Reduce Storm Damage to Your Greenhouses
Nature seems to be getting more violent in recent years with frequent earthquakes, increased numbers of hurricanes and record breaking snowstorms. Insurance damage claims have increased considerably. The International Building Code has revised upward its wind and snow loading requirements for some areas of the U.S.
Each year there are reports of greenhouses that have been damaged by weather and natural events. Greenhouse design is different than conventional farm buildings in that the structural profile has to be small to allow maximum light to reach the plants. Most farm buildings are over designed to handle severe weather conditions.
Damage to greenhouses can include racking of the frame, bending of the hoops, broken glass or torn plastic and uplifted foundation posts. Preparation ahead of time can minimize the damage.
Wind forces that act on a greenhouse are influenced by numerous factors including the basics wind speed, building orientation, exposure, height and shape of doors or vents that may be open. The wind passing over a greenhouse creates a positive pressure on the windward side and a negative pressure on the leeward side. These can combine to create a force that wants to collapse or overturn the building. An 80 mph wind can produce a pressure of 16 pounds per square foot (psf). For example, the 10 by 100 sidewall of a gutter-connected greenhouse would have to resist a 16,000 pound force.
Wind can also create a force similar to an aircraft wing that wants to lift the greenhouse off the ground. An 80 mph wind blowing perpendicular to the side of a 28 x 100 hoophouse can create a lifting force of 220 pounds per foot of length or 22,000 pounds of uplift on the whole structure. When you consider the total weight of materials and equipment in the greenhouse is about 6000 pounds, the foundation must have a withdrawal resistance of about 300 pounds each. This is why building inspectors frequently require that the posts be surrounded by concrete.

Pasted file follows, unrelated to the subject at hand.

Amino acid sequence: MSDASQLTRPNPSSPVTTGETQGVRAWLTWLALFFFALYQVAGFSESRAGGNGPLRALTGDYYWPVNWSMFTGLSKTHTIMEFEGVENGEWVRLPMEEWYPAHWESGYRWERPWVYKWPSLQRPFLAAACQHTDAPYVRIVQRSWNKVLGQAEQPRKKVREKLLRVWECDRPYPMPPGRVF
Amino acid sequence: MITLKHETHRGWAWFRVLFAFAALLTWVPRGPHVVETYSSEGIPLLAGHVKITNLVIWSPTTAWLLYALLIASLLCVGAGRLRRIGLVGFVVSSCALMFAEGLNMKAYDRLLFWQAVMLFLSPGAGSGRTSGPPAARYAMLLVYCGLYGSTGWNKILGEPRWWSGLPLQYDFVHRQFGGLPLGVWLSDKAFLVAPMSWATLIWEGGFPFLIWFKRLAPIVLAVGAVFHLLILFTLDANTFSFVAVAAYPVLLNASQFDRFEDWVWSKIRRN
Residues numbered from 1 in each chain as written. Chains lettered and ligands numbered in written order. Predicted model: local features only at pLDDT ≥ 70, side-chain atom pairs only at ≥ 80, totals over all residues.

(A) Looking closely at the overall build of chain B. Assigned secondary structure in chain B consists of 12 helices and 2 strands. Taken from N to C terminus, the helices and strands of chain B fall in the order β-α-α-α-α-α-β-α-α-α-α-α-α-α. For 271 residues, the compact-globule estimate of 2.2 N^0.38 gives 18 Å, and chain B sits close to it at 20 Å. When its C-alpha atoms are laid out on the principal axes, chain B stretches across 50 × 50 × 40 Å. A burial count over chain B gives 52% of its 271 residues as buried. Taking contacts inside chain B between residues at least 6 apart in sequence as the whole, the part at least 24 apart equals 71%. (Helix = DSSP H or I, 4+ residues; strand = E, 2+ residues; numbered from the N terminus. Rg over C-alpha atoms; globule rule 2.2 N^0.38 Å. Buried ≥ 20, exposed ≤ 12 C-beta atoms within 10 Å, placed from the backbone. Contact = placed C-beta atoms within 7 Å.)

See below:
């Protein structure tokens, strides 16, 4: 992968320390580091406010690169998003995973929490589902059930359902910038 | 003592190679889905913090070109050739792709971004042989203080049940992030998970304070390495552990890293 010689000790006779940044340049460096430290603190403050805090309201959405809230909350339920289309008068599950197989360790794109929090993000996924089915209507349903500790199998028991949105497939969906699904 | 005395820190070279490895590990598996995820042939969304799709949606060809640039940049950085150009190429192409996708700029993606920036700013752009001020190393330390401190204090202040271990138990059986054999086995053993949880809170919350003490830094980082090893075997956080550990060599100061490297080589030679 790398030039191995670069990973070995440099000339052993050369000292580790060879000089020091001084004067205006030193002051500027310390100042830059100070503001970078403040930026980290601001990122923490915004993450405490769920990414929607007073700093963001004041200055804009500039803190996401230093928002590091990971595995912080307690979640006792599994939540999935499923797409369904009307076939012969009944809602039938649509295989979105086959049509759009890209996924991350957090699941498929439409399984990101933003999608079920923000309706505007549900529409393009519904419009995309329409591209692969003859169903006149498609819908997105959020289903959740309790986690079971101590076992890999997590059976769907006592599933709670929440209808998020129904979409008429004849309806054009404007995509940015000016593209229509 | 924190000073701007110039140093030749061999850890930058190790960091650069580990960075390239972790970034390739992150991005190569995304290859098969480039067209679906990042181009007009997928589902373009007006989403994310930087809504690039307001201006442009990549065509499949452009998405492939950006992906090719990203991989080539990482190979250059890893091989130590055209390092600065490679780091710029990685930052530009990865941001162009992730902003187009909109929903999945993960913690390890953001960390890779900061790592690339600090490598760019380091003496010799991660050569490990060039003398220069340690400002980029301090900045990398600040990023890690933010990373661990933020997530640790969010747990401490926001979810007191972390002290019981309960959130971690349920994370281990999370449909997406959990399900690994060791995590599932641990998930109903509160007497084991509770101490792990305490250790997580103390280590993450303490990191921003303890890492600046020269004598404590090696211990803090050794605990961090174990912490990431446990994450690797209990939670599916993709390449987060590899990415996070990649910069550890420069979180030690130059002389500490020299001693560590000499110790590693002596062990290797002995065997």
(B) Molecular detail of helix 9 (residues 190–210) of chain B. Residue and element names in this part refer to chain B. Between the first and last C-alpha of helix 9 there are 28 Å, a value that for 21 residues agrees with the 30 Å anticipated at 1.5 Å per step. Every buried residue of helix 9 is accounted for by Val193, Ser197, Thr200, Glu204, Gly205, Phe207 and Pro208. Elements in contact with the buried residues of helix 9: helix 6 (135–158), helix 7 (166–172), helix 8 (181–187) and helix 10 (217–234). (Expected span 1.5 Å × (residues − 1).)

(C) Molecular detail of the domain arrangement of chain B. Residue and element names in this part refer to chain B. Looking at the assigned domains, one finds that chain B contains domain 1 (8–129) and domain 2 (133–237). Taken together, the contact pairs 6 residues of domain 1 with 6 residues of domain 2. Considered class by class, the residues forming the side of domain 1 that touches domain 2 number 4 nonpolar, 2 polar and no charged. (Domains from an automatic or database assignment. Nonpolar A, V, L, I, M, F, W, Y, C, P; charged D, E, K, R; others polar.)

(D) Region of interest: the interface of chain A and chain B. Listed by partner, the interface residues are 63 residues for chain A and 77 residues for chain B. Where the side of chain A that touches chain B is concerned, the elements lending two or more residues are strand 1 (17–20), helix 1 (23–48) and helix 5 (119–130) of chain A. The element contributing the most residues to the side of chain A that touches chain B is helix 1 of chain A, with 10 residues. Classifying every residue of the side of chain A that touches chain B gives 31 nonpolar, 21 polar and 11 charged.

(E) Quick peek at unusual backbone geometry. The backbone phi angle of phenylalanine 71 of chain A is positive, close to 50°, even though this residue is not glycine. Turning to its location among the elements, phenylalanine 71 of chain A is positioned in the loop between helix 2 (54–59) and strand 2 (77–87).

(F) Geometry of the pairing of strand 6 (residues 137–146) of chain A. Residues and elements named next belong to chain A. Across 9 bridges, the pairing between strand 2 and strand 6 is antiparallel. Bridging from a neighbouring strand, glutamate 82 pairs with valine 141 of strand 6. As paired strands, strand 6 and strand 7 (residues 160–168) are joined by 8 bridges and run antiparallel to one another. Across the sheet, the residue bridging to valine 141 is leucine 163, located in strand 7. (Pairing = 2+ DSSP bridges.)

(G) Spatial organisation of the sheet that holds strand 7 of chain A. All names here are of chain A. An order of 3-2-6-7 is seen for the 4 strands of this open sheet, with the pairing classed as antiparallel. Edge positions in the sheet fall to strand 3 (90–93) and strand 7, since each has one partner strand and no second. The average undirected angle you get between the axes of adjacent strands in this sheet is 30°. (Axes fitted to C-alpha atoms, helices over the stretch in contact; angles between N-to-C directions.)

Although you have no control over the force or direction of severe winds, here are a few tips to help minimize storm damage:
Snow that accumulates on a greenhouse can put significant weight on the structural members. Snow loads vary considerably from 0 along the southern coastline to more than 100 pounds per square foot in Northern Maine. Local building codes specify the design snow load.
Snow can be light and fluffy with a water equivalent of 12 of snow equal to 1 of rain. It can also be wet and heavy with 3 equal to 1 of rain. Snow having a 1 rain water equivalent will load a greenhouse with 5.2 psf. This amounts to 6.5 tons on a 25 x 96 greenhouse.
The following are a few pointers to consider before the next snow season:
Selection of greenhouses that meet the International Building Code and good construction techniques are important considerations when building new greenhouses. A little preparation before a storm can minimize damage from severe weather events.
John W. Bartok, Jr., Agricultural Engineer,
Natural Resources Mgt. & Engr. Dept.
University of Connecticut, Storrs CT
Information on our site was developed for conditions in the Northeast. Use in other geographical areas may be inappropriate.
The information in this material is for educational purposes. The recommendations contained are based on the best available knowledge at the time of printing. Any reference to commercial products, trade or brand names is for information only, and no endorsement or approval is intended. The Cooperative Extension system does not guarantee or warrant the standard of any product referenced or imply approval of the product to the exclusion of others which also may be available.All agrochemicals/pesticides listed are registered for suggested uses in accordance with federal and Connecticut state laws and regulations as of the date of printing. If the information does not agree with current labeling, follow the label instructions. The label is the law.Warning! Agrochemicals/pesticides are dangerous. Read and follow all instructions and safety precautions on labels. Carefully handle and store agrochemicals/pesticides in originally labeled containers immediately in a safe manner and place. Contact the Connecticut Department of Environmental Protection for current regulations.The user of this information assumes all risks for personal injury or property damage.Issued in furtherance of Cooperative Extension work, Acts of May 8 and June 30, 1914, in cooperation with the U.S. Department of Agriculture. Kirklyn M. Kerr, Director, Cooperative Extension System, The University of Connecticut, Storrs. The Connecticut Cooperative Extension System offers its programs to persons regardless of race, color, national origin, sex, age or disability and is an equal opportunity employer.